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Breast Cancer Awareness Month

October is Breast Cancer Awareness Month. Breast cancer is a disease where the cells of the breasts grow and multiply abnormally. Breast cancer is the most common cancer that affects American women, although men can get breast cancer too. According to the National Breast Cancer Foundation, 1 in 8 women in the United States will develop breast cancer in her lifetime. They say that every 2 minutes a woman is diagnosed with breast cancer and there are over 3.5 million breast cancer survivors in the United States alone.

What are the symptoms?

According to the CDC, some people may not have any signs or symptoms at all. Some of the warning signs of breast cancer that should be monitored are:

  • Lumps in the breast or underarm (armpit)
  • Thickening or swelling of any parts of your breasts
  • Irritation or dimpling on the skin of your breasts
  • Redness or flaky skin in the nipple areas or on the breasts
  • Nipple discharge (other than breast milk) or blood that appears
  • Pulling in of the nipple or if you have any pain in the nipple area
  • Changes in the size or shape of your breasts
  • Unexplained pain in any areas of the breasts

If any of these symptoms appear it is important to seek immediate medical attention.

How do you detect breast cancer?

It is important for adult women of all ages to perform breast self-exams at least once a month to check for lumps. Mammograms are recommended for women 40 years and older and they should have them scheduled every 1 or 2 years. Women who are younger than 40 that have high risk factors for breast cancer should ask their healthcare professional when and how often they should get mammograms.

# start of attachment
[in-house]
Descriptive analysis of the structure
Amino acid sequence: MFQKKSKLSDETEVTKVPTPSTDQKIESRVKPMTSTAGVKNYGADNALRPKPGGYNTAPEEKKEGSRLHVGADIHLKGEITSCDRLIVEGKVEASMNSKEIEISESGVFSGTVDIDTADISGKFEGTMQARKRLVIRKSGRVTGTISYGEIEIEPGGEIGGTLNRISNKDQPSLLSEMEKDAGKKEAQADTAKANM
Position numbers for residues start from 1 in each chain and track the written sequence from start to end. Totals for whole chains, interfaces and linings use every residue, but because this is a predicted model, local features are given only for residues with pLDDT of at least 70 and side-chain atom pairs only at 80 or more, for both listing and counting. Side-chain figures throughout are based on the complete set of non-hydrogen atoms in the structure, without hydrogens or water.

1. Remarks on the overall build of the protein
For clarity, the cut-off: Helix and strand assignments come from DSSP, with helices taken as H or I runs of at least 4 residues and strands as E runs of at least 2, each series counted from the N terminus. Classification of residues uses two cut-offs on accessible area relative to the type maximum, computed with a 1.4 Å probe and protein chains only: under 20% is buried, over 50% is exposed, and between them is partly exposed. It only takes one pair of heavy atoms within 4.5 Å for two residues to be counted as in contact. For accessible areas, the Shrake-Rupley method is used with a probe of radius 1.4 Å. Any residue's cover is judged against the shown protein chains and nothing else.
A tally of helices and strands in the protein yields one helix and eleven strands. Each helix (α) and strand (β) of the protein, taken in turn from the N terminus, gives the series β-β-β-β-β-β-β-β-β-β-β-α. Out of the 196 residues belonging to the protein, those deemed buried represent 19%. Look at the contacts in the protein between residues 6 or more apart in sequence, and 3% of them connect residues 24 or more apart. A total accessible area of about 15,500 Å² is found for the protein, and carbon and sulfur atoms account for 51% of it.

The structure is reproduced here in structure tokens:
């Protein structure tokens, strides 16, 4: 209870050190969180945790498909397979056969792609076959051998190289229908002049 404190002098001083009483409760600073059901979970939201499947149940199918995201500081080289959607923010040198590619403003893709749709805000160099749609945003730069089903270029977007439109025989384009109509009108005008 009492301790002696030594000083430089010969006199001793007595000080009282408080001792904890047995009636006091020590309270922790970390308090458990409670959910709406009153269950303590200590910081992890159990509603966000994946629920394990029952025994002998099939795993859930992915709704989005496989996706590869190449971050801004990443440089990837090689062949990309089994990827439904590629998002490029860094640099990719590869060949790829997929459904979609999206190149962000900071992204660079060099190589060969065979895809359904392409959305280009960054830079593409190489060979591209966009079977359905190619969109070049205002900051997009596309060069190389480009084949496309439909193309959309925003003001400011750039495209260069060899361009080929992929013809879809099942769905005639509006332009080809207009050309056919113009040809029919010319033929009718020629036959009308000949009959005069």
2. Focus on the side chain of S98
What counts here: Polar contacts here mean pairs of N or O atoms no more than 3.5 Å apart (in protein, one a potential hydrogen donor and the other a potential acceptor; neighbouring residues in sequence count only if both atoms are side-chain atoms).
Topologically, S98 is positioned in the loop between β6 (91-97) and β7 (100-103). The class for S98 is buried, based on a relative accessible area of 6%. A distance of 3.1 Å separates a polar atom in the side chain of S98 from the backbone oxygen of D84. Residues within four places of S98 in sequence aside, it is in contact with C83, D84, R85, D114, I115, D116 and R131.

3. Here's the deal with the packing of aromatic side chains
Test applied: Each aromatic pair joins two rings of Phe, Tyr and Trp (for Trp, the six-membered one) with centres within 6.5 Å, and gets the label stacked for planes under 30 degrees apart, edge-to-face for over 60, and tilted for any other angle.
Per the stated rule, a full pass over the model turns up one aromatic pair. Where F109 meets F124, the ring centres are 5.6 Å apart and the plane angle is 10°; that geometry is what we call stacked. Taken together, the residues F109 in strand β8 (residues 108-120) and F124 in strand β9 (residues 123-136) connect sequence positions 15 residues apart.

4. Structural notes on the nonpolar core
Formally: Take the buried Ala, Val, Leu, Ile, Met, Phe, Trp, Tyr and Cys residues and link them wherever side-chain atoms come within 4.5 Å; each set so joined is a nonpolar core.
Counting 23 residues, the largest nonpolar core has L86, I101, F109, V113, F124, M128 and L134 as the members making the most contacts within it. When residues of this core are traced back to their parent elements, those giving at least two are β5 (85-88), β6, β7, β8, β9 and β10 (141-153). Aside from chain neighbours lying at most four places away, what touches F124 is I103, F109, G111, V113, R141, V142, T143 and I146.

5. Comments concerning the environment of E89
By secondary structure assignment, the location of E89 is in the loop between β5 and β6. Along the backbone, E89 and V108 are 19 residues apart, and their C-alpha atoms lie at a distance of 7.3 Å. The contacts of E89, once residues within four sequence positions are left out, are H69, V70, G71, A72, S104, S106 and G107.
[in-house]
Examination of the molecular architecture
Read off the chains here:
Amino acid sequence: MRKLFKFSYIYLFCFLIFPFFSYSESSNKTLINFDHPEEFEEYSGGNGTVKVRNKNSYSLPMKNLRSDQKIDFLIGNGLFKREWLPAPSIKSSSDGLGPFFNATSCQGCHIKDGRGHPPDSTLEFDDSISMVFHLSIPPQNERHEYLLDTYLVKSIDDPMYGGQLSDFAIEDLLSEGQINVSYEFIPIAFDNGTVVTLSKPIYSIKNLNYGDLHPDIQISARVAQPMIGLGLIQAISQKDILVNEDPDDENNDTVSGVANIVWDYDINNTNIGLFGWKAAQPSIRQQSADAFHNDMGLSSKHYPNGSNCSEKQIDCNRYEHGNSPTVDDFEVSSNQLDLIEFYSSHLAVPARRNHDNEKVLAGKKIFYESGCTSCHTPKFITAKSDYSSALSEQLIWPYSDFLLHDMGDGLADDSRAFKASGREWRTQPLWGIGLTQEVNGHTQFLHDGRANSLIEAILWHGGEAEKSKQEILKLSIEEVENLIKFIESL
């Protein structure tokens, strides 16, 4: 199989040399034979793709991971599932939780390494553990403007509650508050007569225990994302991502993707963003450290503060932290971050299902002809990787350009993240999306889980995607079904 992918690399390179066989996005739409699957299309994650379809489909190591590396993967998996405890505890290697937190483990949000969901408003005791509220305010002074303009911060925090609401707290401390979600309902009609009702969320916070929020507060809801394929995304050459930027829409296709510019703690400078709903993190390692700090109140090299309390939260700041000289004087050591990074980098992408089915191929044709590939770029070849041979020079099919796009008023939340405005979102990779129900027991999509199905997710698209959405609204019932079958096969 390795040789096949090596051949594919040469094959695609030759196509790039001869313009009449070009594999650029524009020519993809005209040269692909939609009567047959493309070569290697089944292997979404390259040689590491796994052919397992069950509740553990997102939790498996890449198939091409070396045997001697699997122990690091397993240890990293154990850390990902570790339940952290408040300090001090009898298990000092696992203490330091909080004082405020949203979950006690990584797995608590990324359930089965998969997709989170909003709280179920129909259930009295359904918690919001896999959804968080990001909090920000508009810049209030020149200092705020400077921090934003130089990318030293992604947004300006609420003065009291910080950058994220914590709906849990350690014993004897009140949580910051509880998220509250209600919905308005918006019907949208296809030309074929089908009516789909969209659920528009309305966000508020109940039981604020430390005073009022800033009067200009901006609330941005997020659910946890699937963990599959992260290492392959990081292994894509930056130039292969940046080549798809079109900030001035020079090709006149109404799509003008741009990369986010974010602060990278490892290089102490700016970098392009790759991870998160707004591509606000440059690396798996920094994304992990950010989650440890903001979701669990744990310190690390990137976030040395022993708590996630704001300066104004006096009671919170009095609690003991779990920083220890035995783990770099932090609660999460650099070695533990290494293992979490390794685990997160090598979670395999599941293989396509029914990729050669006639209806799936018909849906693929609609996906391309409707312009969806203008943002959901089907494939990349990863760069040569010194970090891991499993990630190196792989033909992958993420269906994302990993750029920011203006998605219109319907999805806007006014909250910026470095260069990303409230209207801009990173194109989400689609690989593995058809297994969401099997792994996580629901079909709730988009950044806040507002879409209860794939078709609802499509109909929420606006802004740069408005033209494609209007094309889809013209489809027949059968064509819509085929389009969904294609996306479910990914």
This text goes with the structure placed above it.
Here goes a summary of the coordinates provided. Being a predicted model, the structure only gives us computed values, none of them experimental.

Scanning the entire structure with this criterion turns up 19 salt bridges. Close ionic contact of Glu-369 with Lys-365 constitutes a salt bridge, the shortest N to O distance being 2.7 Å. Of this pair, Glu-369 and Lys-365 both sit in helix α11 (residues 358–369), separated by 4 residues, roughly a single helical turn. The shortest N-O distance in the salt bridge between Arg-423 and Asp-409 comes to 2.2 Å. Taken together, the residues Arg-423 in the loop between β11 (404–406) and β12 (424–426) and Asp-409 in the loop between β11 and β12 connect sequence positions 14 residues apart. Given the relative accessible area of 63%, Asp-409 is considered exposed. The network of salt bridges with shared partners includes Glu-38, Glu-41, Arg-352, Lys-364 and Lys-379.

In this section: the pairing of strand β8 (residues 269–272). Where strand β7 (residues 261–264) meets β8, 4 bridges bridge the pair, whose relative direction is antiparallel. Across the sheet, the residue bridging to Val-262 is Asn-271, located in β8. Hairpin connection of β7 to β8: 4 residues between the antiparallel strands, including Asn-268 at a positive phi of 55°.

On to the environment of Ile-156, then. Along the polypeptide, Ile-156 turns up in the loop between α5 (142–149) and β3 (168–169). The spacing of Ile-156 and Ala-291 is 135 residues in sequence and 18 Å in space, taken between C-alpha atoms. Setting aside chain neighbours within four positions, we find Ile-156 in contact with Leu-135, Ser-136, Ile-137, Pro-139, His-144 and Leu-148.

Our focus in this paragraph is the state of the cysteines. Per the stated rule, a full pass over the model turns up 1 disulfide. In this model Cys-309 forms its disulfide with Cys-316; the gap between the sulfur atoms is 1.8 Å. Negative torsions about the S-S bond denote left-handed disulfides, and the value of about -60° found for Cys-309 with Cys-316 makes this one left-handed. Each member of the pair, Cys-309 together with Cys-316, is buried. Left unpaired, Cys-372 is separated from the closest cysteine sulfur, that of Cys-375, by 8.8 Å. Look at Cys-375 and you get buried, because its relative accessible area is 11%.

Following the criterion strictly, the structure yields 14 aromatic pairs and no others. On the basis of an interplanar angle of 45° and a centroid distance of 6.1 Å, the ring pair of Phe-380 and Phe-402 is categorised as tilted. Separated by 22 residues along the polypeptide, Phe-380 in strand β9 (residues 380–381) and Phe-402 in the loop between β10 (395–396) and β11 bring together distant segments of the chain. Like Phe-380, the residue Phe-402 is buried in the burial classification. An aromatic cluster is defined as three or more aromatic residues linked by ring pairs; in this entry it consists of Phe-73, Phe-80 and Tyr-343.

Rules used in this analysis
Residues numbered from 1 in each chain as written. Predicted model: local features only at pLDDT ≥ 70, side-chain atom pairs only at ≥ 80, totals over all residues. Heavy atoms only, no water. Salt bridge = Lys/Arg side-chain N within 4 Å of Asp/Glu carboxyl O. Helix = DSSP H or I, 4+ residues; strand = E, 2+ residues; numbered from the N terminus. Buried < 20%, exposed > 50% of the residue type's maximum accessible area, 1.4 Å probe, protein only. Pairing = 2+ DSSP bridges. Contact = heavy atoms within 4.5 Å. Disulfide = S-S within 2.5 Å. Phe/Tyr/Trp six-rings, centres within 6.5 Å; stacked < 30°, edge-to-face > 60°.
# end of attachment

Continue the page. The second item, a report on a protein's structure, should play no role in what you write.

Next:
How is breast cancer diagnosed?

As mentioned above, the most common way breast cancer is diagnosed are through diagnostic mammograms. Other ways breast cancer can be diagnosed are through ultrasounds, MRIs, biopsies, and lab tests.

How is breast cancer treated?

There are different types of stages and types of breast cancer. Once a person is diagnosed with breast cancer, he/she will work with their doctors to find the best treatment plans according to the type and stage their breast cancer is in. According to the National Breast Cancer Foundation, there are five treatment options which usually includes surgery, radiation, hormone therapy, chemotherapy, and targeted therapies.

Physical activity, wellness, and nutrition are very important for breast cancer patients to help aide them through their treatment and after treatment. Follow up care and regular checkups with doctors are also important to monitor how well the body is responding to treatment.

How can you help prevent breast cancer?

Being proactive about your health and understanding your cancer risks can help lower your risks for getting breasts cancer or help in finding it an early stage when treatment works best. It is important to take note of your family history and to share this with your doctor so you can learn about your risks and see if genetic counseling and testing are right for you.

Practicing healthy behaviors can also help lower your risk of getting breast cancer. A healthy low-fat diet with plenty of fruits, green, and orange vegetables are recommended. Exercising can also help lower your risk because exercise is known to help boost your immune system and help you keep your weight in check.

Think Pink and Spread Awareness!

Join the fight in supporting Breast Cancer Awareness by getting educated and donating to the cause. You can get more resources about Breast Cancer through the National Breast Cancer Foundation >> https://bit.ly/2SyRmdo  or through the CDC >> www.cdc.gov/cancer/breast

Our team at White Glove Community Care come together every year to help support the cause by wearing pink in honor of Breast Cancer Awareness. View some of our photos below:

Sources: National Breast Cancer Foundation, CDC

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